Turkish Delight

Grant Spanier is a director/photographer (among other things) based in Minneapolis & LA. He is mostly focused on making dope stuff with dope people.

How did the idea for the series come about?

I approach shoots differently each time. It also varies if I’m at home or on the road. I spend a lot of time in Los Angeles, but it’s definitely less ‘home‘ than Minneapolis. This shoot was in Los Angeles, so it was less of a specific, planned concept. It was really loose, the idea developed during the shoot, and crystallized once I got my film back. Sometimes it’s nice to just explore the shoot with the subject and create as you go. There’s something really freeing and present about letting go of expectations, or trying to bring a specific vision to life. One of those freeing elements of a less specific design is the opportunity to discover who the subject is, versus trying to fit them in line with your idea for a shoot.

How did your shoot with Nihan go?

After discussing via text a bit, she came by an AirBnB I was staying at in East Hollywood. We were (literally) just getting to know each other, since we’d actually never met. I find photography can be a really unique, and ultimately, incredible way to become acquainted with someone. It’s a super vulnerable context and there’s a sort of trust fall that has to happen. That being said, It was pretty relaxed. She has such a fun energy, I think we were both pretty instantly comfortable. We looked through some of the outfits she brought and decided on one in particular – I’m obsessed with that red-orange colour she’s wearing, so I gravitated to that instantly. I shoot relatively quickly. We made images for an hour or so around the apartment … playing with light and with a few of the different film cameras I had with me. Most of the time was spent laughing and chatting about biographical/life stuff. I got to learn about her ambitions as an actress and filmmaker. I got to hear a bit about her family, her time in Los Angeles, her plans and dreams. It’s so exciting to get to know someone in this way. Honestly, it feels like an honour to get to create with someone, especially so quickly, and I think it creates a really special type of bond/relationship.

Can we photograph the female body differently in a more powerful way?

This is a great question, an important question, and one I think about a lot. I’ve had lots of different conversations, including critiques about my own work and portrayal of the female as human and as form (critiques/discussions I welcome, especially since I am a male artist). There are a lot of misconceptions about this style of photography … I think it can sometimes be seen as objectifying, over-sexualizing, or otherwise misrepresenting/glorifying a purely physical beauty and a specific type of physical beauty. What I see in this work is simultaneously way beyond aesthetic and not at all. It’s a celebration of physical beauty (which is subjective and varied), certainly, but what I see is beauty far beyond ‘surface‘. Sometimes simply creating these images is a form of expression, a genre of kinds. Like a musician who only wants to play rock-and-roll or something. In that way it’s purely aesthetic. And I’m okay with that. But regardless of the visual aesthetic/categorization, I find the actual process of photographing in this way liberating and empowering. I think if you spoke with people I photograph they would agree with that sentiment.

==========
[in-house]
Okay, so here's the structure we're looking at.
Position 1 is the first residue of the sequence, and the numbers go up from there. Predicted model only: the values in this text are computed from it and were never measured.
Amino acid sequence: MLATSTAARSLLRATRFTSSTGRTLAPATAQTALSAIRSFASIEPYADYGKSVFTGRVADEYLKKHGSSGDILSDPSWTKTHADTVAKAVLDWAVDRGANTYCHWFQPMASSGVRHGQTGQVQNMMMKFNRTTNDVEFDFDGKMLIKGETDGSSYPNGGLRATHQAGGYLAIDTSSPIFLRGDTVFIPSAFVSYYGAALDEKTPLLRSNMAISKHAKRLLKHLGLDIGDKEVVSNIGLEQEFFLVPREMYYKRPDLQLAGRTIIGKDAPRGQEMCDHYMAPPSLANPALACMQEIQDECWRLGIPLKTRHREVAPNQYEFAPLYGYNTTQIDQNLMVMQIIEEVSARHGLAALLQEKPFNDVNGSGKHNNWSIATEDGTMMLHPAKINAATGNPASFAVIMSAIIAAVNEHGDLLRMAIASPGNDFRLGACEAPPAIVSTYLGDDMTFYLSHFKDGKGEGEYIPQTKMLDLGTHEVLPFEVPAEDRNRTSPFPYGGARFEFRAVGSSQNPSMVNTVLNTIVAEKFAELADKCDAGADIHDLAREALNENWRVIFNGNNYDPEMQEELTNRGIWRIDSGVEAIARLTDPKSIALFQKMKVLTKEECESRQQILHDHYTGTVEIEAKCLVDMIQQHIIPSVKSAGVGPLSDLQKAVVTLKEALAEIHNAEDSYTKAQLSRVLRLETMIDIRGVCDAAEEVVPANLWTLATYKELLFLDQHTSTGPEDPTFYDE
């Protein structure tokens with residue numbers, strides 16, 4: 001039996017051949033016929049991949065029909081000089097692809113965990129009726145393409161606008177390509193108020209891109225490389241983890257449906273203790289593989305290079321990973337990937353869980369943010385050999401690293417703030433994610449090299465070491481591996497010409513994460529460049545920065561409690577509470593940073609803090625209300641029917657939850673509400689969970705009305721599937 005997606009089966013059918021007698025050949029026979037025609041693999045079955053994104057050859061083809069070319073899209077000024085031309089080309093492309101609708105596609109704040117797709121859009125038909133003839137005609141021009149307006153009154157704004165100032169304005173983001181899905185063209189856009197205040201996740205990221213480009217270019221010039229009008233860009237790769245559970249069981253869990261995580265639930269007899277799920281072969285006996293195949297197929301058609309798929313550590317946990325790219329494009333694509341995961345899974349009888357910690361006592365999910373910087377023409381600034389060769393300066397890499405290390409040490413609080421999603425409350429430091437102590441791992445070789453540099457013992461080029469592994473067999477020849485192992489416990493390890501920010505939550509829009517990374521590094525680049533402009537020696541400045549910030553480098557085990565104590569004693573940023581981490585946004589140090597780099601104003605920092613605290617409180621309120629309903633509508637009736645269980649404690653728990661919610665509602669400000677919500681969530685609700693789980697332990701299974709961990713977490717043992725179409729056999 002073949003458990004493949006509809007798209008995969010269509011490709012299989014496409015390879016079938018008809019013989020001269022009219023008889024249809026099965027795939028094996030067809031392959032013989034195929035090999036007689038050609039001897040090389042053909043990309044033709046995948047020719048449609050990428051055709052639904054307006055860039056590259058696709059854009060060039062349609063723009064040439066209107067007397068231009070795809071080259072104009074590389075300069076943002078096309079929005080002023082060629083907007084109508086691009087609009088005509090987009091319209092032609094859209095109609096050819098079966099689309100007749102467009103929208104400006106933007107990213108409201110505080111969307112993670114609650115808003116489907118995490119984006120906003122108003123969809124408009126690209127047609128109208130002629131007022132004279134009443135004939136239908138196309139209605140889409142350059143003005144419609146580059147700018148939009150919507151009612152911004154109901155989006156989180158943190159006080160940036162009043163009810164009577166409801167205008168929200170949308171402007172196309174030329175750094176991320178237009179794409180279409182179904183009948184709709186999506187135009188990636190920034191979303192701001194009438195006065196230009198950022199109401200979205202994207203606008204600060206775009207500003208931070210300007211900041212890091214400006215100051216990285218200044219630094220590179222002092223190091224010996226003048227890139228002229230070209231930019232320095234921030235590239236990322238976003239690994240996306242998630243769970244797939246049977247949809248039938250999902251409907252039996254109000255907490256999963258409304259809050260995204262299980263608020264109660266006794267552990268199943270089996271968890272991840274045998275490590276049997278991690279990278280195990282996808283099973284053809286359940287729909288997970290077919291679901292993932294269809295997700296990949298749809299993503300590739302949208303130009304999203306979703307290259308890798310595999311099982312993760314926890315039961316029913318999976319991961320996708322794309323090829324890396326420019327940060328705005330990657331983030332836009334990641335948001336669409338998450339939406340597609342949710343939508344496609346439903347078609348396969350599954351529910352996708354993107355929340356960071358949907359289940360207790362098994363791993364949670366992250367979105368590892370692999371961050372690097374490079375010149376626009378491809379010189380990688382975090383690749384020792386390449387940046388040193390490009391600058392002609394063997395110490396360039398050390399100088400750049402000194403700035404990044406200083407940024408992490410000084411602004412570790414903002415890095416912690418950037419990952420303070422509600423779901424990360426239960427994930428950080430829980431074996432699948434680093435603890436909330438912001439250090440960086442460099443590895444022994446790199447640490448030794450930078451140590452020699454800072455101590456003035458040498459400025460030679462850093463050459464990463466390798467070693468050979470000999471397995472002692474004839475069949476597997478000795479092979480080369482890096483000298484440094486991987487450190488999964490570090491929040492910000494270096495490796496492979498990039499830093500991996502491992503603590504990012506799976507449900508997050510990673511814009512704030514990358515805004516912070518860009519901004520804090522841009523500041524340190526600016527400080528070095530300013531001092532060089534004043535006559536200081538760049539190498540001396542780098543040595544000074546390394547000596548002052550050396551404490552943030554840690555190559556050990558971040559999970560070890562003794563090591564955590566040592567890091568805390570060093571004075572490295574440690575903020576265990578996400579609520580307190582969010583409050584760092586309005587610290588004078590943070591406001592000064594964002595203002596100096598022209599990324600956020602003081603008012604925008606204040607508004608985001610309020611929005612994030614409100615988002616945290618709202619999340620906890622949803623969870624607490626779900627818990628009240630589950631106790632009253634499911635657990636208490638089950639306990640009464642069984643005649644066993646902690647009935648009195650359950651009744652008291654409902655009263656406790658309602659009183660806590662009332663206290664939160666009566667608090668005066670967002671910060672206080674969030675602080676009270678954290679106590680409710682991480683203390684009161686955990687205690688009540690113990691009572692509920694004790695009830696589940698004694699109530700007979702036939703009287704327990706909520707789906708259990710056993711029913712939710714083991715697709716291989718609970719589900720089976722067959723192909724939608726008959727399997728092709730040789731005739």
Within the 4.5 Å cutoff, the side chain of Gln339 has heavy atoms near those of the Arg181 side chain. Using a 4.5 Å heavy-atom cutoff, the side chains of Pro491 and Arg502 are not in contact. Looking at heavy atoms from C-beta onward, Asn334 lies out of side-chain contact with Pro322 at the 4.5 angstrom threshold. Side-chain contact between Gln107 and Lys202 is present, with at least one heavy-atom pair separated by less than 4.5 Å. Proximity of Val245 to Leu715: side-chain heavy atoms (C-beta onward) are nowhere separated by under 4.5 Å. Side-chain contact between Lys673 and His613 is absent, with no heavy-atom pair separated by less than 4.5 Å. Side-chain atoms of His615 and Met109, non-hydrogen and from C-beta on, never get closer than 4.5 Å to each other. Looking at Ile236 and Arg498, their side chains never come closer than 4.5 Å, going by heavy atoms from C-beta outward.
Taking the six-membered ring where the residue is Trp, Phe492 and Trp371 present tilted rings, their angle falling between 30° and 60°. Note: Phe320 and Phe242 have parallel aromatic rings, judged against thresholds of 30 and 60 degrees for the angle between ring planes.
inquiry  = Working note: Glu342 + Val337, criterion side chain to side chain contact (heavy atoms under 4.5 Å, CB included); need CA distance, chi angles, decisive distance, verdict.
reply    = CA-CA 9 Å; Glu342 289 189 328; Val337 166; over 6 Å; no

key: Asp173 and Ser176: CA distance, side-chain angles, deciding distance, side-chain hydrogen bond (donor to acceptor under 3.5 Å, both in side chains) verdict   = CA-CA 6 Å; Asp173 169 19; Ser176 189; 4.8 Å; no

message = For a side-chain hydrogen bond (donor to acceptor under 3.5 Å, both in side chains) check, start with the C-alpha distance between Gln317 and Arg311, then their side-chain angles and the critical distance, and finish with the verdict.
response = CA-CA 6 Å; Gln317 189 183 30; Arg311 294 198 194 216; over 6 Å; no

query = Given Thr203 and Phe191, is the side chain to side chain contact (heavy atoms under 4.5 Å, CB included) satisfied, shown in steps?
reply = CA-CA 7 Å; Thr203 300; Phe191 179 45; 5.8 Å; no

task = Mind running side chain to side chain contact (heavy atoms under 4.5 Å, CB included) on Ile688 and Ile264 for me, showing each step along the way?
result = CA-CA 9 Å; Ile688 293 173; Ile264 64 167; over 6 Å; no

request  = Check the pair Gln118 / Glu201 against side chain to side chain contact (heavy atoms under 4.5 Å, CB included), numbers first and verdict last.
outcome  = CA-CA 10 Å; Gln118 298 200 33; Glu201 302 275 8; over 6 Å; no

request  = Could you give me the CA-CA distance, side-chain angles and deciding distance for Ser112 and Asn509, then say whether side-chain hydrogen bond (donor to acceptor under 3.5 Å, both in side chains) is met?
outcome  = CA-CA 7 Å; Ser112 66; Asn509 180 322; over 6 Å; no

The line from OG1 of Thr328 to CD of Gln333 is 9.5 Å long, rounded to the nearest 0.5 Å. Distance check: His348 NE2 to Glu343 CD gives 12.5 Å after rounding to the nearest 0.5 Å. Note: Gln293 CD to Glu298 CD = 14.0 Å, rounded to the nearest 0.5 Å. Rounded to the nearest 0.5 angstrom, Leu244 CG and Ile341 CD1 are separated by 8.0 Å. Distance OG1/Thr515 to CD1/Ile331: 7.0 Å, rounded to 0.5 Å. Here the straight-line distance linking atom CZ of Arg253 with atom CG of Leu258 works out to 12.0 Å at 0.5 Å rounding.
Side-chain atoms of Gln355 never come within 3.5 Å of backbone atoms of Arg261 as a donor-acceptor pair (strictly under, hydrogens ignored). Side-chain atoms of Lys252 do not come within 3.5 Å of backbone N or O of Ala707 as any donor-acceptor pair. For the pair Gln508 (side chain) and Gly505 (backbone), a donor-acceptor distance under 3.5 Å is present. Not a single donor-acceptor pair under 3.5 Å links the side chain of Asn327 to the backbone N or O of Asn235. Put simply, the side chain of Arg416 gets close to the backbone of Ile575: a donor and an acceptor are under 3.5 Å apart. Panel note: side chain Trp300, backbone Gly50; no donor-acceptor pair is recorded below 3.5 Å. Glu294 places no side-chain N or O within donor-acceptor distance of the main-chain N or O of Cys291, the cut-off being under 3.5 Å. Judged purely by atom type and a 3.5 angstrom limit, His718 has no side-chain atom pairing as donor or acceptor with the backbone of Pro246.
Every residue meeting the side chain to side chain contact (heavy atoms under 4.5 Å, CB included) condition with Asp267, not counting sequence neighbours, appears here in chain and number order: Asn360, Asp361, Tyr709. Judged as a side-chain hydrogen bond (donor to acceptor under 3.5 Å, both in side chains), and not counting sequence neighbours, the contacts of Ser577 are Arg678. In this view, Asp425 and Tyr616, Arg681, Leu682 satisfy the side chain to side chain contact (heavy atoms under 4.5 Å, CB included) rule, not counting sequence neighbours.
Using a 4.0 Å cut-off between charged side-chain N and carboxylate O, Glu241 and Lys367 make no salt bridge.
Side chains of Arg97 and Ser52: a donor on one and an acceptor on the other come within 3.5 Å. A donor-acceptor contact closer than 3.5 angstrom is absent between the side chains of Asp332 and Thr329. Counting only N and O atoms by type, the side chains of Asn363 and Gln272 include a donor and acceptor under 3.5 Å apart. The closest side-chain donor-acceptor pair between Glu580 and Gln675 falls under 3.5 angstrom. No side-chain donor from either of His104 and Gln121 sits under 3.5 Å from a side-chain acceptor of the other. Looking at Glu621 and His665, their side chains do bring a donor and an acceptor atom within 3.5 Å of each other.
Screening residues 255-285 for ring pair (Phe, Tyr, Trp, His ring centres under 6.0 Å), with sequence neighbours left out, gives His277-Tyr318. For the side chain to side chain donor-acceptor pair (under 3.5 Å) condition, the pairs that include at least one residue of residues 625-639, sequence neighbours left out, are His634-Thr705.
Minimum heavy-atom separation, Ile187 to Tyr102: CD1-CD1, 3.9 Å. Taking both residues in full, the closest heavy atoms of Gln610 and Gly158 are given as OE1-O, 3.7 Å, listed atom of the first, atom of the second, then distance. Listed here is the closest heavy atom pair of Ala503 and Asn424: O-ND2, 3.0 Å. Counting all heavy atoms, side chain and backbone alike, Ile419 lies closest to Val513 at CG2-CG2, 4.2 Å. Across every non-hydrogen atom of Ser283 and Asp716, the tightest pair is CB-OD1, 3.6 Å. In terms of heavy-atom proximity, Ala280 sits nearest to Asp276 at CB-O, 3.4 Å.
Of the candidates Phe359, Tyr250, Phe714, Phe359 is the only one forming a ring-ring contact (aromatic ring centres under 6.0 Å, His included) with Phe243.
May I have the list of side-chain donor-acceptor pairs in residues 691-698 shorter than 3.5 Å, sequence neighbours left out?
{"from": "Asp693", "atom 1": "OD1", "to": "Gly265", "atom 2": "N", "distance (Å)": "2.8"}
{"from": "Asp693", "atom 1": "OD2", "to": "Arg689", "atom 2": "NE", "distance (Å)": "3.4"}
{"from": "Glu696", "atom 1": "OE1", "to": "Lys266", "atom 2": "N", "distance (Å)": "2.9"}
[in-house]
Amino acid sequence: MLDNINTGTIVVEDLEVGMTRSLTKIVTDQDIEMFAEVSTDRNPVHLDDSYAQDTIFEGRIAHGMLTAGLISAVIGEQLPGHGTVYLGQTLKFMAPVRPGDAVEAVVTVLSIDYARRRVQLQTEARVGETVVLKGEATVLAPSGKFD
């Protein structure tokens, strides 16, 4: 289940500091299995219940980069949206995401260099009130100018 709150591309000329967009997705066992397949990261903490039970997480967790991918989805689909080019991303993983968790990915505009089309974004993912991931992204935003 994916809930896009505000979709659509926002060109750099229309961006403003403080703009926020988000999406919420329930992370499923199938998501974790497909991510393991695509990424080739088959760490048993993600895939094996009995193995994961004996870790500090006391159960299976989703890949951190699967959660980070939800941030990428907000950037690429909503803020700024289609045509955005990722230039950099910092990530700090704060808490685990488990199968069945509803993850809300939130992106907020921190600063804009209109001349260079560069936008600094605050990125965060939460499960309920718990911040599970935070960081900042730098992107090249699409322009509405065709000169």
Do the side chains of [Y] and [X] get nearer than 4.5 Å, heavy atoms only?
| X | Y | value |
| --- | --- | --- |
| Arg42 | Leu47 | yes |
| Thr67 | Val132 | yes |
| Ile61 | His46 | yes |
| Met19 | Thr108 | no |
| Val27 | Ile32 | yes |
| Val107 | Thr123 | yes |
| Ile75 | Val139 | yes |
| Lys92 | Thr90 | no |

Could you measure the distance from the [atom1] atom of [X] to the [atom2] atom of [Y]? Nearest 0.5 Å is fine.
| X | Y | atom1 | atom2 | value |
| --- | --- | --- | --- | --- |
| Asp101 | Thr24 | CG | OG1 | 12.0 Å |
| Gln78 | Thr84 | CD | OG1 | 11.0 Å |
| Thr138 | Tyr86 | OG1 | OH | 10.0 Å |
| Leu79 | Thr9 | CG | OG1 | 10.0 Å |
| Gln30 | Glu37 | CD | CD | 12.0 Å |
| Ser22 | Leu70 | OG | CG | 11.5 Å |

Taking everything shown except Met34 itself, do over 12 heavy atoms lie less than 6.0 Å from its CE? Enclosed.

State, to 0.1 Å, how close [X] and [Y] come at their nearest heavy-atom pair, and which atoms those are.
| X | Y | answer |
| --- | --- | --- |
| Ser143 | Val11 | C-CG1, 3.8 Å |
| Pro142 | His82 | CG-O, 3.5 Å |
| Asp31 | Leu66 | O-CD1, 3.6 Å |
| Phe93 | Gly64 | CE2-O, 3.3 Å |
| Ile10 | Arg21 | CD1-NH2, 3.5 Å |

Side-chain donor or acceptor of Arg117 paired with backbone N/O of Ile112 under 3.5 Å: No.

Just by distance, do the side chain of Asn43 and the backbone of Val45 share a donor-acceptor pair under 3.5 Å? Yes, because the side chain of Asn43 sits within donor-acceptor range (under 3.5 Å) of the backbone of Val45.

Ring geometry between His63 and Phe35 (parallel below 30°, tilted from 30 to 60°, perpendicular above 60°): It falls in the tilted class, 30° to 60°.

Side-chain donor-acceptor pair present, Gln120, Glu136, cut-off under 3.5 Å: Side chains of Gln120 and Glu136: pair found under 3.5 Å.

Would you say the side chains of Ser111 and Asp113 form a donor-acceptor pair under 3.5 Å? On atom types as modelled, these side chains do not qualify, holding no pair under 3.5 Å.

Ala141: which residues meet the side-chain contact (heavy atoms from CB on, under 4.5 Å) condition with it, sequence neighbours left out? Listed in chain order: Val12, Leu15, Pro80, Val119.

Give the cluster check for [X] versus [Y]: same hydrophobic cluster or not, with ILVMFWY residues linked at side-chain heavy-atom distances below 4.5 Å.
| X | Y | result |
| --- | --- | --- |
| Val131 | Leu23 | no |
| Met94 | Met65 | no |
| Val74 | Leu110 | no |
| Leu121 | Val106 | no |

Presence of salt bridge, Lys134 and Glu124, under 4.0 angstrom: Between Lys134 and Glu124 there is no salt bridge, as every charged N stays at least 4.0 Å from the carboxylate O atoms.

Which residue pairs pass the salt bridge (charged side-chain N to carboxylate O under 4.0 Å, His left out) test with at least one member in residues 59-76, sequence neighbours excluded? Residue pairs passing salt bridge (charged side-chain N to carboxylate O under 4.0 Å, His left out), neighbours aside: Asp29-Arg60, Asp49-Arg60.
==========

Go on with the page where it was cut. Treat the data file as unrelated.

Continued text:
What can’t be seen (though perhaps it can be felt) is the process of making these sorts of images. It’s an almost-sacred ritual from my perspective. And it’s an act that can create a sense of new jurisdiction over the body. By creating our own visual representations of the body I think there can be an opportunity to take back something, or at least add our own interpretation. So, can we photograph the female body differently, and more powerfully? Yes. Absolutely. In some ways I think we do this by making sure the intelligence and inner-beauty, the actual humanity of the subject doesn’t get lost. I like to think that some of my photographs make people uncomfortable. In that way they can be subversive. I like to think they can also make people feel less afraid of the human body. In that way they can be constructive. I like to think that the way I approach creating those photographs can be empowering. In that way the process of photography can be powerful.